Archive for January, 2011

Supreme Court & Arizona’s Employer Sanctions Law

January 29, 2011 By: admin Category: The situation

Those following the Obama Administration’s legal challenge to Arizona’s SB 1070 have likely heard about “preemption”—the legal concept governing when state laws conflict with, and are therefore superseded by, acts of Congress. The heart of the dispute over SB 1070 is whether states have a right to provide assistance that the federal government does not want.

No one knows if or how the Supreme Court will ultimately answer that question. But a number of hints may emerge when the Justices issue a ruling in Chamber of Commerce v. Whiting, a case testing the legality of a different law known as the Legal Arizona Workers Act. Passed in 2007, the act imposed new requirements to prevent employers from hiring unauthorized workers, as well as harsh consequences for doing so. While the Justices’ questions during Wednesday’s oral argument offered reason for hope among immigrants’ rights advocates on one part of the law, they left the fate of the other unresolved.
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Source: Ben Winograd

R. Dan Stein on Rachel Maddow: Stop Immigration!

January 29, 2011 By: admin Category: The situation

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H-1B visa cap reached on January 26, 2011

January 28, 2011 By: admin Category: The situation

U.S. Citizenship and Immigration Services (USCIS) announced on Jan. 27 that it has received a sufficient number of H-1B petitions to reach the statutory cap for fiscal year (FY) 2011. Jan. 26, 2011, is the final receipt date for new H-1B specialty occupation petitions requesting an employment start date in FY2011.
The final receipt date is the date on which USCIS determines that it has received enough cap-subject petitions to reach the limit of 65,000. Properly filed cases will be considered received on the date that USCIS physically receives the petition; not the date that the petition was postmarked. USCIS will reject cap-subject petitions for new H-1B specialty occupation workers seeking an employment start date in FY2011 that arrive after Jan. 26, 2011.
USCIS will apply a computer-generated random selection process to all petitions that are subject to the cap and were received on Jan. 26, 2011. USCIS will use this process to select petitions needed to meet the cap. USCIS will reject all remaining cap-subject petitions not randomly selected and will return the accompanying fee.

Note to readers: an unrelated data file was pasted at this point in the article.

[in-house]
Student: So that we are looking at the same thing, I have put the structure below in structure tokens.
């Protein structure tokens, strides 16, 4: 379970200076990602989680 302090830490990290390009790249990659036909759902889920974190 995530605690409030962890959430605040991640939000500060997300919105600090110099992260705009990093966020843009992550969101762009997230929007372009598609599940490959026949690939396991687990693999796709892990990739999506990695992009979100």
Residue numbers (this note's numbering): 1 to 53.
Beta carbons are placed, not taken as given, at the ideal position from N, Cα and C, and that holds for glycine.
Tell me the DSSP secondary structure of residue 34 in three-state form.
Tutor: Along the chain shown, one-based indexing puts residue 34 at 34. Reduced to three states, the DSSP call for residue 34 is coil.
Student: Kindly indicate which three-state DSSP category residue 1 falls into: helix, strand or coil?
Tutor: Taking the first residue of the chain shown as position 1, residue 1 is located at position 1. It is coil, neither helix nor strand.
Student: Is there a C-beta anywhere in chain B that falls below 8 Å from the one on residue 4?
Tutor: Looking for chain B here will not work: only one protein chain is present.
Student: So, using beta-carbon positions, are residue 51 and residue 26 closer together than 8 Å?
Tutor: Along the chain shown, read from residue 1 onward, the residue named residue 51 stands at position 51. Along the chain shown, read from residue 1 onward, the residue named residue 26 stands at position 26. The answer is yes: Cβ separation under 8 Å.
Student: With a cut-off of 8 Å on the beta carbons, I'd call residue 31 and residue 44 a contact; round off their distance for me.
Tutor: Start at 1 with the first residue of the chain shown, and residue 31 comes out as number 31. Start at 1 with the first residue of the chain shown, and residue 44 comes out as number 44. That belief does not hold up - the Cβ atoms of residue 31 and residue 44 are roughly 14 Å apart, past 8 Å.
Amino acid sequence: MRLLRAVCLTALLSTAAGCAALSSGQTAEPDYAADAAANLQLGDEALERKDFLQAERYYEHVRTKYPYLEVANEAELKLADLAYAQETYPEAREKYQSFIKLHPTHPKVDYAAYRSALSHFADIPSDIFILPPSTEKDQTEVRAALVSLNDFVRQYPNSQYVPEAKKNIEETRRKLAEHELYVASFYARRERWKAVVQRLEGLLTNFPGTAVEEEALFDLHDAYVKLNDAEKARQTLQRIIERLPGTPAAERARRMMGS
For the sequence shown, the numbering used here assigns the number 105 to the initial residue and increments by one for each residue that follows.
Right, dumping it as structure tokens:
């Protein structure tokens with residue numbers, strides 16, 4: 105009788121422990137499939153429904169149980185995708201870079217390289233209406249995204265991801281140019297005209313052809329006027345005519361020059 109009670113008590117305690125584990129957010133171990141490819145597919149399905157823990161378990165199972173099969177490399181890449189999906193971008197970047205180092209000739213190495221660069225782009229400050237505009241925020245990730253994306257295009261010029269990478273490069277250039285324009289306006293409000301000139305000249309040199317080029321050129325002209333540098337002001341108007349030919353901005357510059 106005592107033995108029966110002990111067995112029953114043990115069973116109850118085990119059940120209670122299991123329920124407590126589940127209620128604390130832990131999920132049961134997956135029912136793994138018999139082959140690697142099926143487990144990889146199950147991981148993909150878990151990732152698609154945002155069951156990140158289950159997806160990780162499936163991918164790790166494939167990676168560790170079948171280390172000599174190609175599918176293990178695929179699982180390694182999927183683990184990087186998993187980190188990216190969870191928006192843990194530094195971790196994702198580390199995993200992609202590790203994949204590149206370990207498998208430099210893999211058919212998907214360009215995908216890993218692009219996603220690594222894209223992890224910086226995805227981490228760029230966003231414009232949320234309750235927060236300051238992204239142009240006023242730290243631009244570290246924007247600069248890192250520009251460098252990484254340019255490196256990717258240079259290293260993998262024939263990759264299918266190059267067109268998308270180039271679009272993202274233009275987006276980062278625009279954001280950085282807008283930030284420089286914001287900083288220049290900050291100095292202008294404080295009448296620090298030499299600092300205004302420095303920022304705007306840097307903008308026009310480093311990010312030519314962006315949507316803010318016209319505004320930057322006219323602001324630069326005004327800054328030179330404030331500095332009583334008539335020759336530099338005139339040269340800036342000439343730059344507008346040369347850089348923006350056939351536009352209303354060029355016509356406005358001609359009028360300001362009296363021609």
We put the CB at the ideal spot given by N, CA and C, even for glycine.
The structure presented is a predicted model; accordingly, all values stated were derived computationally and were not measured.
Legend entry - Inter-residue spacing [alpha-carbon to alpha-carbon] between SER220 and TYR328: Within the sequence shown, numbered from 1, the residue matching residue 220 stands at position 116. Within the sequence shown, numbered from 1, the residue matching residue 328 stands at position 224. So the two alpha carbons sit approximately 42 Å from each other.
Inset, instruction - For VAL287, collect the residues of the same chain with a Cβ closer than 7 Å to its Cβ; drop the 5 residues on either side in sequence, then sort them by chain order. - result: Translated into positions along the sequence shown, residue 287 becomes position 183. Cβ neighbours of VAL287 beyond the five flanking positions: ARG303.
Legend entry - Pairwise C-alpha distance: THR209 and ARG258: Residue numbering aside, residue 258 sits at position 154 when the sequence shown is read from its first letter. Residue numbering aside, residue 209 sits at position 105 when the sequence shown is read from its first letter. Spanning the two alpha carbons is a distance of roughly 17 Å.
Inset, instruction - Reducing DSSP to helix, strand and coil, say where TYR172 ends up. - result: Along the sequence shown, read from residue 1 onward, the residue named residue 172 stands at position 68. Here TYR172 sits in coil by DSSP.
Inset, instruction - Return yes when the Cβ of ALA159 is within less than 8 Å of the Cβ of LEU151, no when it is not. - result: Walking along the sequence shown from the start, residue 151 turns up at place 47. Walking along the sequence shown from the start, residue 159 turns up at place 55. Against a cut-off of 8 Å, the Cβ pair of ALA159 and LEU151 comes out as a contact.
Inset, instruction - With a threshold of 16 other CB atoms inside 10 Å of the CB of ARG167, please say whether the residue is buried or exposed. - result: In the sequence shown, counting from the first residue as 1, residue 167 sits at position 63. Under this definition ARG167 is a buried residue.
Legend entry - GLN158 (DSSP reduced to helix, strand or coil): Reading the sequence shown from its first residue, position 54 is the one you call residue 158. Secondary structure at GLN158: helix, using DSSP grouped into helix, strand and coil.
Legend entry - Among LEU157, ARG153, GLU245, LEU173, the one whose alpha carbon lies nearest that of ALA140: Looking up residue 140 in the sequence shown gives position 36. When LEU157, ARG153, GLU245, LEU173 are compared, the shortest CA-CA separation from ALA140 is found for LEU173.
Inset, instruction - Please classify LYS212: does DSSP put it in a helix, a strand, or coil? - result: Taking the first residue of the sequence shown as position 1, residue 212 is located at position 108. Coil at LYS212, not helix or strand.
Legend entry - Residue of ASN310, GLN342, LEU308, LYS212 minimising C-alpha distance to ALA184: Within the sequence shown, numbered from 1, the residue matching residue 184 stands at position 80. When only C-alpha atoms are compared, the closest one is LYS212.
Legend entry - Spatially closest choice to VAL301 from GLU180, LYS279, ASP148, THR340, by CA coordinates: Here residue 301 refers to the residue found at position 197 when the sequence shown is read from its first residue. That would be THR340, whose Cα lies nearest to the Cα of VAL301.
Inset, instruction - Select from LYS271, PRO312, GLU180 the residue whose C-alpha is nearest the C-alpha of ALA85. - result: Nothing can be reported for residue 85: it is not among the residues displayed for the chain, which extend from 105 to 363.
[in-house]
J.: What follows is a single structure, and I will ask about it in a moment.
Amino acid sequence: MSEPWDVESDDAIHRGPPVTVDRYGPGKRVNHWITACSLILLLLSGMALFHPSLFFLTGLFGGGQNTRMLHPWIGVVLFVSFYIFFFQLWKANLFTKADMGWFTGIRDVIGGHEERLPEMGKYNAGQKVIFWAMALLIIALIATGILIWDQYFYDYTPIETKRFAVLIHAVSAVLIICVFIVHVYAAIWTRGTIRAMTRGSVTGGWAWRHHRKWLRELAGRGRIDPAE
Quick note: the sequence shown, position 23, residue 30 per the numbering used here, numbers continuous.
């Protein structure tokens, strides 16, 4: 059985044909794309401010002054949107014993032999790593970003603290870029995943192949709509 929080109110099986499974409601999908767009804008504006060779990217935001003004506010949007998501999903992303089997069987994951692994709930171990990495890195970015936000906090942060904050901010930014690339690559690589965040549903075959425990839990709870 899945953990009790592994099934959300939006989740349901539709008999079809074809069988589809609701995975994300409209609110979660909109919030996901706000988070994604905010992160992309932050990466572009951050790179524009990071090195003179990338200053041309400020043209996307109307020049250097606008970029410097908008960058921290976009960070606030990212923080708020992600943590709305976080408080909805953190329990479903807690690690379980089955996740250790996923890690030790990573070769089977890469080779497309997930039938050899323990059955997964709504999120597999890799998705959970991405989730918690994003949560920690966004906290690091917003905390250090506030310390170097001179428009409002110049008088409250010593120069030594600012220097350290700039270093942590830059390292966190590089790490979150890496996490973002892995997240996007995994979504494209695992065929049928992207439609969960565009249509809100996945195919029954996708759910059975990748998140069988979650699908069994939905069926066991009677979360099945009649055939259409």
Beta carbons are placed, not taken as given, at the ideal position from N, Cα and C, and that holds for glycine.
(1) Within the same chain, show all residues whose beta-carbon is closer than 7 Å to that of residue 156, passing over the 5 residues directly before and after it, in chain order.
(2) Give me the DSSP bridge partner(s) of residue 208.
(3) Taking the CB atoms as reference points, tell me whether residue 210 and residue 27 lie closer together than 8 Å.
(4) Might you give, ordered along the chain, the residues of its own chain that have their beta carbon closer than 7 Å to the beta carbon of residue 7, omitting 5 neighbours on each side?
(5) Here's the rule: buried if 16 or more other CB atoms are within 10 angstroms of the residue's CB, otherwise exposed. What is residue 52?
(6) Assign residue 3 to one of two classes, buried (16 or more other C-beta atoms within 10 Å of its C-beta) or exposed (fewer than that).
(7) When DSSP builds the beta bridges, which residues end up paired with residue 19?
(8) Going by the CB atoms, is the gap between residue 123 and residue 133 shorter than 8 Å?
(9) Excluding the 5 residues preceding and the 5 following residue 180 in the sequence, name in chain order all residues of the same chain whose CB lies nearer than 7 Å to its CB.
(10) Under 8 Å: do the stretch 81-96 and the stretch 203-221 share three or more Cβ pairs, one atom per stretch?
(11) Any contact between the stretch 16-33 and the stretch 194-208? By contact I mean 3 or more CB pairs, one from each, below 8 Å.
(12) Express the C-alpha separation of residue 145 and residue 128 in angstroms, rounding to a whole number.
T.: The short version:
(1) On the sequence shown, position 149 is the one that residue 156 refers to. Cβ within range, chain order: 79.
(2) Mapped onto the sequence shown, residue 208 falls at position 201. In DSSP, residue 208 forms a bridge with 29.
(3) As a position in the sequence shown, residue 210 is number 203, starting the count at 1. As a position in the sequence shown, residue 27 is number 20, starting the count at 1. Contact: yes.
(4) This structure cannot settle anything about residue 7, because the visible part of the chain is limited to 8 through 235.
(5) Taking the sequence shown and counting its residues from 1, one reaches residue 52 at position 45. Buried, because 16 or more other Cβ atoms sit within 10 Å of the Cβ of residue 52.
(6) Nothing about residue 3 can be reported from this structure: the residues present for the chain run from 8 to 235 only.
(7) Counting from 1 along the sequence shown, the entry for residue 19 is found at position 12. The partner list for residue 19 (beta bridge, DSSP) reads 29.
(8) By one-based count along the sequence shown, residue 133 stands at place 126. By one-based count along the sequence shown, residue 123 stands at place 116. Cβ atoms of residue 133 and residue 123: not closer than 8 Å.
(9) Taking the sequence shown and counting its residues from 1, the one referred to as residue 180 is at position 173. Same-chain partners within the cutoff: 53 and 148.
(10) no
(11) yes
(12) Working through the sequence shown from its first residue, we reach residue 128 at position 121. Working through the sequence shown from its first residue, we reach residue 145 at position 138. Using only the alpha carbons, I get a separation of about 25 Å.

On Dec. 22, 2010, USCIS had also received more than 20,000 H-1B petitions filed on behalf of persons exempt from the cap under the ‘advanced degree’ exemption. USCIS will continue to accept and process petitions that are otherwise exempt from the cap. Pursuant to the Immigration and Nationality Act, petitions filed on behalf of current H-1B workers who have been counted previously against the cap will not be counted towards the congressionally-mandated FY2011 H-1B cap. Accordingly, USCIS will continue to accept and process petitions filed to:

extend the amount of time a current H-1B worker may remain in the U.S.;
change the terms of employment for current H-1B workers;
allow current H-1B workers to change employers; and
allow current H-1B workers to work concurrently in a second H-1B position.

U.S. businesses use the H-1B program to employ foreign workers in specialty occupations that require theoretical or technical expertise in specialized fields such as scientists, engineers, or computer programmers.

2010 Saw Record Deportation Numbers

January 28, 2011 By: admin Category: The situation

Charlotte, NC: The fiscal year of 2010 saw more migrant deportations from the U.S. than ever before. The U.S. Immigration and Customs Enforcement (ICE) deported 392,862 foreigners in 2010, 23,000 deportations more than in 2008. Nearly 200,000 of the people who were deported in 2010 had been convicted of crimes. That number was up by 81,000 from 2008. In the fiscal year of 2009, 389,834 people were removed from the United States, and ICE is hoping to deport more than 400,000 illegal immigrants in 2011. ICE is also expanding the Secure Communities Program, were inmates in local prisons have their fingerprints run against FBI and ICE databases. The Secure Communities program is expanding rapidly, and in 2010 more than 90,000 people were arrested by federal authorities through the program, and deportation proceedings have been initiated for nearly 50,000 of them. The program has also identified many who were later acquitted of any crimes, but whose cases are now pending because they were found to be in the U.S. illegally. In its two-year history the Secure Communities program has identified 69,905 undocumented workers that have later been deported, most of them for committing minor or medium-level crimes. The Immigration and Customs Enforcement is aiming to further target immigrants with criminal records in 2011, along with businesses that employ illegal immigrants.
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